I do not have a way of verifying this statement, however, if true, [and I have no reason to believe that it’s not] it only lends credence to the flagrant audacity of the laws governing what interior designers can or cannot call themselves. The responsible parties are the manufacturer and the contractor. It is up to the contractor to install products that are safe and if they’re not, then he needs to tell the interior designer. Although, it should never even get that far and very rarely does!
I agree, that for those designers who want the accreditation, then fine, they can if it works for them. I have no problem with them calling themselves “certified” interior designers. Does it make them better designers? Not necessarily. In fact, I have seen some shockingly bad results from many a “certified” interior designer.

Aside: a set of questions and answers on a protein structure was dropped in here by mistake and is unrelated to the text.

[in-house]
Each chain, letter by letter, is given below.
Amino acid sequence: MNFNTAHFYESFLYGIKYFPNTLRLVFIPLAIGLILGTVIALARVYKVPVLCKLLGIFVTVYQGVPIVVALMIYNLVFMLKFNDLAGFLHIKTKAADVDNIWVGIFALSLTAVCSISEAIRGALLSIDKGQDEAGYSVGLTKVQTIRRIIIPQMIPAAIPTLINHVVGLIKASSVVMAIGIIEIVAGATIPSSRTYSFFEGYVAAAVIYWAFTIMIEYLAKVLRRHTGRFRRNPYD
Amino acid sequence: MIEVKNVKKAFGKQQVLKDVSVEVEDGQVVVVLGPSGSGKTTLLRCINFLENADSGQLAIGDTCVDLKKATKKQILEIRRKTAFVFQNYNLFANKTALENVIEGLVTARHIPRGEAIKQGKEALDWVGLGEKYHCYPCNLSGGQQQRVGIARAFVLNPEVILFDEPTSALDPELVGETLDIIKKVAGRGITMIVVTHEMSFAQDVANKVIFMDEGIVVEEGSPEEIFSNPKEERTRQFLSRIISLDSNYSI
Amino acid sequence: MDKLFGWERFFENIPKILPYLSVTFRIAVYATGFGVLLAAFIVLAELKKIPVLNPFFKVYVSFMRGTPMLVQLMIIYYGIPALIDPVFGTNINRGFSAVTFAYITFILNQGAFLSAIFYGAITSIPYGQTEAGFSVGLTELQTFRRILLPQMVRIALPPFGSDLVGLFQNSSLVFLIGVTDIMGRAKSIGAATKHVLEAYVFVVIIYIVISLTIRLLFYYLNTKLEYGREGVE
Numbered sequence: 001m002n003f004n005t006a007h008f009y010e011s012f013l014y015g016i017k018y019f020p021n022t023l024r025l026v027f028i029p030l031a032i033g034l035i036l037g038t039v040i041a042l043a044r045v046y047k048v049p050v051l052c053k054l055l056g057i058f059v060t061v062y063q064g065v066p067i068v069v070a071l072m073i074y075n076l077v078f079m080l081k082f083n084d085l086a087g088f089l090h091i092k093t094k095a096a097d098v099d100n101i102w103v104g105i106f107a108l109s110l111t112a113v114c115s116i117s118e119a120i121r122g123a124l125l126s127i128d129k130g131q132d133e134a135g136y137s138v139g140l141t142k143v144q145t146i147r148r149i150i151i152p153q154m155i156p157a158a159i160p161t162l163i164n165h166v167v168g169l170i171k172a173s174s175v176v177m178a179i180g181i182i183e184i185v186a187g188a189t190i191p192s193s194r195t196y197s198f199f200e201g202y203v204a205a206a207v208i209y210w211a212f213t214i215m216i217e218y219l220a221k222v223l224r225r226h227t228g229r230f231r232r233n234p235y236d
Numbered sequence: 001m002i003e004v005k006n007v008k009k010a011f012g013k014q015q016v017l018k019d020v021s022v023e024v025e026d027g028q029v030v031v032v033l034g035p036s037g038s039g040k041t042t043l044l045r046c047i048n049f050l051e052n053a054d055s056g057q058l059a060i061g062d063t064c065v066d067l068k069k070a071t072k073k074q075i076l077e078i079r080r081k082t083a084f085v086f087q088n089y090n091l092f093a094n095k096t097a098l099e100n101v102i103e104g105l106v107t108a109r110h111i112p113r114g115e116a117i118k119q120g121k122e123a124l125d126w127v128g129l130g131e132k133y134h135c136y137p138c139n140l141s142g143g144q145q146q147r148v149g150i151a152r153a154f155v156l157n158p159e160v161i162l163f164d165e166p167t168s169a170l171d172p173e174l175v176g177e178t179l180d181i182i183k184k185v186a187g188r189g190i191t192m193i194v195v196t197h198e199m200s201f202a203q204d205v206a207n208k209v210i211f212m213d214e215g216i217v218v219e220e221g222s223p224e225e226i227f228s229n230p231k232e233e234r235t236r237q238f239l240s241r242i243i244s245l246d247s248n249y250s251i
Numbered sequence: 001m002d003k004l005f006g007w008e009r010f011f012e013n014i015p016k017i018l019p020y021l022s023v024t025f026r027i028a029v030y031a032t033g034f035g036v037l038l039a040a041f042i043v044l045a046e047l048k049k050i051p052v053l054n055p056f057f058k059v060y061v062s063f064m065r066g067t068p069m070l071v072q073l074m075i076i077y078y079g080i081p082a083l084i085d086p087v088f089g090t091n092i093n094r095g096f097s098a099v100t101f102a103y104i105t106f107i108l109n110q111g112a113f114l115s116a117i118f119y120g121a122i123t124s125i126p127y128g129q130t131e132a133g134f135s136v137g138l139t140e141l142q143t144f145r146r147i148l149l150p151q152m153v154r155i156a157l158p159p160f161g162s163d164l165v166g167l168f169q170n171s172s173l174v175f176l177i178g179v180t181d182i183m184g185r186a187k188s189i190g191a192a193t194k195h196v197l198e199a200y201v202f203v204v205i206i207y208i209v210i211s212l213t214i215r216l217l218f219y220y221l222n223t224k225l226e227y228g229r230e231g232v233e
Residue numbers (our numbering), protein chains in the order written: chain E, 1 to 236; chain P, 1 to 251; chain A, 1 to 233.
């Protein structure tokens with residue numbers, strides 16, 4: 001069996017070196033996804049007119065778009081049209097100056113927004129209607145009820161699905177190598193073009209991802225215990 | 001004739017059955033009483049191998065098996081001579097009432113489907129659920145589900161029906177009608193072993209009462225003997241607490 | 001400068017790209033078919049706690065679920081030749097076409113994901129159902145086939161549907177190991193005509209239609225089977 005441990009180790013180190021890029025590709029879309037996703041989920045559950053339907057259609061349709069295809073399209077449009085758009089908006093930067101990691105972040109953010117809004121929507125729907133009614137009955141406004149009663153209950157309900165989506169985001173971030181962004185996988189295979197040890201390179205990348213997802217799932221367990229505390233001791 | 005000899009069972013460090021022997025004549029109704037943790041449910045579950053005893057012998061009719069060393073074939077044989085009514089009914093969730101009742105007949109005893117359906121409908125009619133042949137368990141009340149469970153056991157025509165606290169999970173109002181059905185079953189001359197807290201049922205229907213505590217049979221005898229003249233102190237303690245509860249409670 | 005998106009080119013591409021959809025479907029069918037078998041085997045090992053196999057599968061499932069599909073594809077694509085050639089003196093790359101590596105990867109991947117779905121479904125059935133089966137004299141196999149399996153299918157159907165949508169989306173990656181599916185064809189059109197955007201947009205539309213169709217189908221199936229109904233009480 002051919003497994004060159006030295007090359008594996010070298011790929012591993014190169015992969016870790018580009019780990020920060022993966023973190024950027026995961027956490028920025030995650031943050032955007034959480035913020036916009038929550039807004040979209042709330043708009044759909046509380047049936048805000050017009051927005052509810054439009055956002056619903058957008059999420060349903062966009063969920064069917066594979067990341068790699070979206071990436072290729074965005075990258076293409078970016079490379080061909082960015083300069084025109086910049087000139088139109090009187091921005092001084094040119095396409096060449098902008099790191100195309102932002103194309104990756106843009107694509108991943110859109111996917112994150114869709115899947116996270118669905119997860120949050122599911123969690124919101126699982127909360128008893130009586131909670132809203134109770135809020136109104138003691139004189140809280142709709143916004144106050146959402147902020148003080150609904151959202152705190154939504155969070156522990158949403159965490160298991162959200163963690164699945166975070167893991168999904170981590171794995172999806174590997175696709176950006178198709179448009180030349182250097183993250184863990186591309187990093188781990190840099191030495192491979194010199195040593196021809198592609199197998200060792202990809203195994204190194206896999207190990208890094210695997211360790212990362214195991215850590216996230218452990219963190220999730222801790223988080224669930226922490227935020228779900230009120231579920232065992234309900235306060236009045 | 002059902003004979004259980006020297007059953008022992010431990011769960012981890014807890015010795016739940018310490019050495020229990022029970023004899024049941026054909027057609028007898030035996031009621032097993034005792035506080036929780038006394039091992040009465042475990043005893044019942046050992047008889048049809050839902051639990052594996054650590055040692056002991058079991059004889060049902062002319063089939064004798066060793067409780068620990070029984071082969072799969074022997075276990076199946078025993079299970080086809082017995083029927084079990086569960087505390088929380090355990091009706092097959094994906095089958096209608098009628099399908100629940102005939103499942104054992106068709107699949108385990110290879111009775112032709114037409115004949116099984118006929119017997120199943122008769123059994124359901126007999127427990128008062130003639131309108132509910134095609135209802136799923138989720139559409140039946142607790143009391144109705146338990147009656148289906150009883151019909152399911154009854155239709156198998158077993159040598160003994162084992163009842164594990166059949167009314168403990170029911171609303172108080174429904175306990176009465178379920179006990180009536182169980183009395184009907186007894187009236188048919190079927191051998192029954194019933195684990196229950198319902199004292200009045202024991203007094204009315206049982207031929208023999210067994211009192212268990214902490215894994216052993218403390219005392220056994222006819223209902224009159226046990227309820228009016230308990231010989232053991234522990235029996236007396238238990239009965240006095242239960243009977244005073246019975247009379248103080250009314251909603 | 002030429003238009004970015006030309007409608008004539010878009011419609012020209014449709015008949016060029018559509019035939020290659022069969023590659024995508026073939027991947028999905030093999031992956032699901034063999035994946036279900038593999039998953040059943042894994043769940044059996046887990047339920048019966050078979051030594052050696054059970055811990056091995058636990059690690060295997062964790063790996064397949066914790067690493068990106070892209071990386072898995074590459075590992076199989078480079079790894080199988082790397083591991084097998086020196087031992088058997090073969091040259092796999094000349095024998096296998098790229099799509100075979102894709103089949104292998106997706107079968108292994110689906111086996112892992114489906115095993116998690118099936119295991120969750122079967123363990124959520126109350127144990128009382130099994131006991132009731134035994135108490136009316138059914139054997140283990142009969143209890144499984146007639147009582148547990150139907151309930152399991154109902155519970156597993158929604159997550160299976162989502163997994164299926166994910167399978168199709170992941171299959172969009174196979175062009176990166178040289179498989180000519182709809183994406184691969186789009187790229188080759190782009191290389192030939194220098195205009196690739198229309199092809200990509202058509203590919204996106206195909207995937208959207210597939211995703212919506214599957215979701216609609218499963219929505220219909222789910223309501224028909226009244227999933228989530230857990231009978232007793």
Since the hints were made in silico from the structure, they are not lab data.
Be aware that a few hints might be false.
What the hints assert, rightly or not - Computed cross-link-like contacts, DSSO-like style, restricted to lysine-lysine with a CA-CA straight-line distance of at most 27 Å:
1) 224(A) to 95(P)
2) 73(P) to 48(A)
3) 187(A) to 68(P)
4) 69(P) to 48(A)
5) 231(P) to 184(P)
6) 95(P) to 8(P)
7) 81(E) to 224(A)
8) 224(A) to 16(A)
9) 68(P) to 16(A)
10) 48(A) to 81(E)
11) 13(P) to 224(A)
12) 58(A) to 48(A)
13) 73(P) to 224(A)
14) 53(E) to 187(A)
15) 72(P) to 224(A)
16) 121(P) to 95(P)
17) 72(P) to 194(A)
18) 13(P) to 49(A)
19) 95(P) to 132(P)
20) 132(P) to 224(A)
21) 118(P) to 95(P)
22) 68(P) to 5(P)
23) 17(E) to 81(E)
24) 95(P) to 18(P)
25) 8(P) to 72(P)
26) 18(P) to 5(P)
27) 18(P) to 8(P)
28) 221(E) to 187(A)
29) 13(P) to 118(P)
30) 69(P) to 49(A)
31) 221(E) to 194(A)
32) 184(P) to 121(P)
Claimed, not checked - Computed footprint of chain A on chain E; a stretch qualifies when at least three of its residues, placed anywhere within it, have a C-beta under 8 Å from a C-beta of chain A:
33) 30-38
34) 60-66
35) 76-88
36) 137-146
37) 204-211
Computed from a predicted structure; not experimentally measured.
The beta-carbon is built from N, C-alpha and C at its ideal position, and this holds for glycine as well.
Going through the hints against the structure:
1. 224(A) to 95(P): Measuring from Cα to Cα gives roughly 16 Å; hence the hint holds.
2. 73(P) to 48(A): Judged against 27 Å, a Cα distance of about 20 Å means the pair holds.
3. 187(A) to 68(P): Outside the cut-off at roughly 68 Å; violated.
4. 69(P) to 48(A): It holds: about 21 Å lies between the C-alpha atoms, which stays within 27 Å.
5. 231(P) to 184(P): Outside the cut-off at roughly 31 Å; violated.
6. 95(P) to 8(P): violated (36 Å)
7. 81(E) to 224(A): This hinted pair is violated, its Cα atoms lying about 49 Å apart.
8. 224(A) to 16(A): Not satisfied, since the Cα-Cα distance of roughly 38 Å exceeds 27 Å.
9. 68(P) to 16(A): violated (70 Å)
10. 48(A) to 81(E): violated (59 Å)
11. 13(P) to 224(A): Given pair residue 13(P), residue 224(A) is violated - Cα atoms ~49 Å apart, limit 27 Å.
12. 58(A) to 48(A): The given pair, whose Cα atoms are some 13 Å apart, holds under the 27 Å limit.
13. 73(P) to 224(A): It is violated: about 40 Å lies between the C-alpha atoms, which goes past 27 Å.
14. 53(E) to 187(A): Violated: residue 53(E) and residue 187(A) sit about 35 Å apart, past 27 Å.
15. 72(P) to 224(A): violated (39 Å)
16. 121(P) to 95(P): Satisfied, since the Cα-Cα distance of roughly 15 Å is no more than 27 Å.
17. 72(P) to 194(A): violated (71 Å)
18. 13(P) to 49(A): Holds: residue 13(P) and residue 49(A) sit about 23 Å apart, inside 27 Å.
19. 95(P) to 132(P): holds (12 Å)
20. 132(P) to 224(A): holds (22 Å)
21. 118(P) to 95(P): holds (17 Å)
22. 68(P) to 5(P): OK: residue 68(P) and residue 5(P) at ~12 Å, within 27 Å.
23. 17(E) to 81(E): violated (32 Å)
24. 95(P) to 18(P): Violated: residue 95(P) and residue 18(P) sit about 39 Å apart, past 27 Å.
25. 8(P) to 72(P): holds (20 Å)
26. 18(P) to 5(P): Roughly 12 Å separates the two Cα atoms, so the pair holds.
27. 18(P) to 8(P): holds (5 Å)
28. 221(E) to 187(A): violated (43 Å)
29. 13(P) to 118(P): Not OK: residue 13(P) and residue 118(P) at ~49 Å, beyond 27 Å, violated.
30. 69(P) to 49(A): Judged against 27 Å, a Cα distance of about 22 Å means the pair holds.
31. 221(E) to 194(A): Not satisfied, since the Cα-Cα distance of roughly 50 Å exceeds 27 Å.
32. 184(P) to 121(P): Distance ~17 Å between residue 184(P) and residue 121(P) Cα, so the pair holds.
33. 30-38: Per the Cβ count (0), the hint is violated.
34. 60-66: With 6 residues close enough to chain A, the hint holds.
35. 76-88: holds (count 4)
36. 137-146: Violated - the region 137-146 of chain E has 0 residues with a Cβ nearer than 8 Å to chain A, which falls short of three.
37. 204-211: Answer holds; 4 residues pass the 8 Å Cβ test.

I randomly and quickly went through the first portfolio I could find on the ASID website and I came up with these photos which are vignettes of the total photo. They are of course, not credited. If they are your work, sorry, but these are not well-designed spaces. There are many, many technical and aesthetic errors.
And yes, I realize that this is horribly unprofessional, but I am trying to make a point and do not feel that I can convey that without showing you what I’m talking about. So, please allow me this one indiscretion.
shockingly poor fitting slip cover. Hope the home owners don’t trip and hurt themselves on the piece dragging two inches on the floor. In addition, the colors are hideous. The slip covers are greenish-gray and the rug is purplish gray. If only there were some pillows which could liven things up. That would really help!
And MUCH better window treatments than that schemata hanging totally off-balance. The pig is a nice touch as are the stuffed animals. This is no way a professionally designed room! There was a kid’s toy truck on the coffee table. Also, really. Can we have some more attractive window gates put up?